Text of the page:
The term "bloatware" is simply not helpful at all. If you don't want to debate that will be fine but then please present hard facts instead of simply adjectives. That term does not represent thought but instead uninformed opinion. (Do you imagine that the people at Microsoft are stupid? If so, be aware that what they do is so complex that an IQ test is required for employment there. The "unnecessary" lines of code are there for a reason.)
I also have to wonder whether you've ever put Open Office to industrial grade use. If you haven't -- if you've only ever done simple word processing (not maintained large technical books with many chapters and many illustrations, for example), or simple spread sheeting (not like creating and running a 1200 line business model I once made, a model that Open Office was unable to run) ... ahem ... bad grammar.
So it may take a lot of code -- "bloatware" as you put it -- written and maintained by a large team of paid experts, to do all the things that demanding professionals need done. Free software from amateurs isn't automatically good, even if it's open source, and for you to seem to take that position is precisely what I meant when I referred to "cult software".
Microsoft works hard and successfully to create applications that can be used easily by novices while still containing more features than the most demanding professional could ever want. This is a deliberate product definition philosophy of theirs. If you want to call the result "bloated" then you must be doing less than demanding work or you would never use that term.
Are Microsoft applications automatically the best there is? Of course not. You can take any single application and find something out there that is unquestionably better in terms of some combinatiion of features, performance and reliability. But when you do find such a competing product, with 99% reliability you can be confident that it isn't freeware.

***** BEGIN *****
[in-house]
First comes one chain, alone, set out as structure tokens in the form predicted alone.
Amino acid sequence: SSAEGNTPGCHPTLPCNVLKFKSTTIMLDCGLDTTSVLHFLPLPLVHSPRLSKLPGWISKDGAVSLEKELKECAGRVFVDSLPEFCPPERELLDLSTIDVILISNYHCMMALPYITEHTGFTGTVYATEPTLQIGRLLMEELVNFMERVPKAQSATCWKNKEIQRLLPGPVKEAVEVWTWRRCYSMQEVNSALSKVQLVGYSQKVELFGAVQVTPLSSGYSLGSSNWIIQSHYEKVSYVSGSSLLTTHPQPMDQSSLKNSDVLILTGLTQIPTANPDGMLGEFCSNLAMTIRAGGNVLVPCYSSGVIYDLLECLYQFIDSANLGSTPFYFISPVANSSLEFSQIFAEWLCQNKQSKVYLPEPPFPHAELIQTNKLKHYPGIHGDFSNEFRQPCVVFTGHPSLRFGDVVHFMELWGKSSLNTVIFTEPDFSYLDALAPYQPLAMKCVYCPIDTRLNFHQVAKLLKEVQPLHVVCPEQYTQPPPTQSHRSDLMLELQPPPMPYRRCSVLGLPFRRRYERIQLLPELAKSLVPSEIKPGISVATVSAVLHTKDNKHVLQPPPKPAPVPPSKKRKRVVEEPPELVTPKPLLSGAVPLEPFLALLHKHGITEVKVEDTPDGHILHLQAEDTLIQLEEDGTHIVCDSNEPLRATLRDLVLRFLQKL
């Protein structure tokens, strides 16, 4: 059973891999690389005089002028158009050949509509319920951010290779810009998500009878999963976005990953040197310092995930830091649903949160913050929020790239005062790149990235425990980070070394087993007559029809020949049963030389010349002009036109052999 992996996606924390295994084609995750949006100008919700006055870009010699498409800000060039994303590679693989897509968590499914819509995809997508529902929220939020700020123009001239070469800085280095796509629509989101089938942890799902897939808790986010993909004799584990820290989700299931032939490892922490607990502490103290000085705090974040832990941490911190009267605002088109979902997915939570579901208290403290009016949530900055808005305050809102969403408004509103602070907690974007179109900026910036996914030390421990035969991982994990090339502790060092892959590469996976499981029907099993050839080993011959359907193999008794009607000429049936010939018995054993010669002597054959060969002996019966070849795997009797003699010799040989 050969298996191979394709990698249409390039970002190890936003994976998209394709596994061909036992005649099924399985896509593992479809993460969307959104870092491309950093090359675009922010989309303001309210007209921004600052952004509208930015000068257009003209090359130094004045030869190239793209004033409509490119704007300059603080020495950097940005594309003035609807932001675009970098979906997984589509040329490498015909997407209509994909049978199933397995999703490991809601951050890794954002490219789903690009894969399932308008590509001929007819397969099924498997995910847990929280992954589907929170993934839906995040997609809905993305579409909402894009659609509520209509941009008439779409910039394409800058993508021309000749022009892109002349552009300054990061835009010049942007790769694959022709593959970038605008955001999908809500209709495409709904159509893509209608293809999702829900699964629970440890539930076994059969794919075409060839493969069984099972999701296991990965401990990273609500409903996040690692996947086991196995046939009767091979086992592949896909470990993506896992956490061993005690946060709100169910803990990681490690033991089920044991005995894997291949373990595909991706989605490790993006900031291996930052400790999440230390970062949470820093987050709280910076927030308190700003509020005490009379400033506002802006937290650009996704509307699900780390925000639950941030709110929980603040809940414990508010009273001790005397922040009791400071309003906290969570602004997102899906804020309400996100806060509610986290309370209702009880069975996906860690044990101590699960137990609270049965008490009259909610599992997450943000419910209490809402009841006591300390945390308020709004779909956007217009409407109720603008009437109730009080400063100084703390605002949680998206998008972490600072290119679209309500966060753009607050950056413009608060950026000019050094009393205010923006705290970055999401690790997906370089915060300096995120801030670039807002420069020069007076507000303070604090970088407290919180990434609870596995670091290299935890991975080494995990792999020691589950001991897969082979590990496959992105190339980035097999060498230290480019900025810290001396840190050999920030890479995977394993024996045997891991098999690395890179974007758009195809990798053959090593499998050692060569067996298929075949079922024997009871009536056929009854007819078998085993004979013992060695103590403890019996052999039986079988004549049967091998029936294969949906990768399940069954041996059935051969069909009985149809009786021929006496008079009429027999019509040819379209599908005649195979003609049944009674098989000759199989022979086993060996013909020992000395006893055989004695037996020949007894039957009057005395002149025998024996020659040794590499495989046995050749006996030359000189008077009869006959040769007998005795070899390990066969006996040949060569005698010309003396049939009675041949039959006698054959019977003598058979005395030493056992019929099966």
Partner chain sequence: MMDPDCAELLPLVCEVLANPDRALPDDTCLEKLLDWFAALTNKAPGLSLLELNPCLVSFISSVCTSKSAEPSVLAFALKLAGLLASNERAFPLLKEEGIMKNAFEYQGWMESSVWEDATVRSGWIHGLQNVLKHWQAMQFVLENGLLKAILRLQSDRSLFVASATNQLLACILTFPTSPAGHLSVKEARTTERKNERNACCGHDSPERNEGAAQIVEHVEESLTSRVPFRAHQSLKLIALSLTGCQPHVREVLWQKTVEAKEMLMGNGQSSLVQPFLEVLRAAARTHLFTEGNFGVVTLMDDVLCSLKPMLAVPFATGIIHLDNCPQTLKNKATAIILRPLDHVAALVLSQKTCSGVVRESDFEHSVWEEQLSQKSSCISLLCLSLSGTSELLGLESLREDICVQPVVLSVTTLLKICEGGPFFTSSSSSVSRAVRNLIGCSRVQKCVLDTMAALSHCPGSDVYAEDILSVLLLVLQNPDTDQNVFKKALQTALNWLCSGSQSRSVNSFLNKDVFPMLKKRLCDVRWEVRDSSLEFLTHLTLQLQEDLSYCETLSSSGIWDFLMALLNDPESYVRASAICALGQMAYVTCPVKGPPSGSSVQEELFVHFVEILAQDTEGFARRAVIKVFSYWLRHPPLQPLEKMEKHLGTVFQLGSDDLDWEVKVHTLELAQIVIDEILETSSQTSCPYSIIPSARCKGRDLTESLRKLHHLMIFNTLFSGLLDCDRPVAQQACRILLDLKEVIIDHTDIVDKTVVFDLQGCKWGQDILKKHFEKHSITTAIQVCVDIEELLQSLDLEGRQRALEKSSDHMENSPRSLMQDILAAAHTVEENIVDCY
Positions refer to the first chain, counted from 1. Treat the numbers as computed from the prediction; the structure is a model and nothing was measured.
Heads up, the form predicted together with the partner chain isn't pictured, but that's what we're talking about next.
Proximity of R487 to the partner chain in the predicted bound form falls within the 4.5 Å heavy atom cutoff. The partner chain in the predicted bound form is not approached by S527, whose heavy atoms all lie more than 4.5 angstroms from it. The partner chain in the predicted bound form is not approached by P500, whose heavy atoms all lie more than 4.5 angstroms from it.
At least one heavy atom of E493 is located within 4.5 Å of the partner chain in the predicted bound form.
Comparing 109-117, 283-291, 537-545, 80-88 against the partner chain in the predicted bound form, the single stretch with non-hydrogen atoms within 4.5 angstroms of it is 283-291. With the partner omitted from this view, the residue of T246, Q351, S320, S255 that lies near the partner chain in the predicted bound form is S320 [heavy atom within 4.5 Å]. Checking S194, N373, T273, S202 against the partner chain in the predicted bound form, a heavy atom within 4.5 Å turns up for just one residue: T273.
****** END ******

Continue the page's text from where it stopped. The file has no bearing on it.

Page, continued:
Similarly, when you find a freeware system that's being maintained by fifty part-time people who will never meet in a conference room, you can be dead certain that the fruits of their labor will reflect the limited and casual effort that has gone into it, and that the results inevitably must fall far short of a system that has 500 full time paid professionals as its developers, all with high IQs, all dedicated exclusively to the job at hand.
There. I feel better now.
So kindly tell the readership: In what ways is Open Office is better than Microsoft Office other than its being a) free and b) fewer, many fewer, lines of code? Did they leave anything out, for example? Or is it flaky when you push it hard? What makes it better?
Yes, many people find free lightweight software running on a free lightweight operating system to be entirely suited to their needs. Good for them. But does it follow that software for the rest of us is "bloated"?
I tend to agree with Mike about the bloatware issue. It isn't a fair description at all, and one could just as easily accuse OpenOffice of this. If MS Office is bloatware, which features exactly aren't needed? I can guarantee that whichever ones you list, someone else does use them and finds them essential to their job or task. MS Office is certainly overkill for most home users, and for these people OpenOffice is quite likely a better option. For man others, however, Microsoft Office is very much an essential tool.
Free software from amateurs isn't automatically good, even if it's open source, and for you to seem to take that position is precisely what I meant when I referred to "cult software".
Are you trying to imply that OpenOffice was created by a bunch of amateurs, or am I misreading this comment?
08-19-2008, 08:20 PM
I have some factual information to add to this discussion ...
Reading the first few paragraphs of a PC Magazine article about Windows 7 earlier today, it's clear to me that Microsoft is going to restructure the system so that less of it will be resident in typical situations, presumably making it more suitable as a platform for applications like cell phones.
They've had Windows CE for quite some time but it has been a very limited feature subset of mainline Windows. I have the impression that with Windows 7 they will be making an agressive push into the dedicated systems market, this time with a better thought out packaging of the usual Windows base functionality.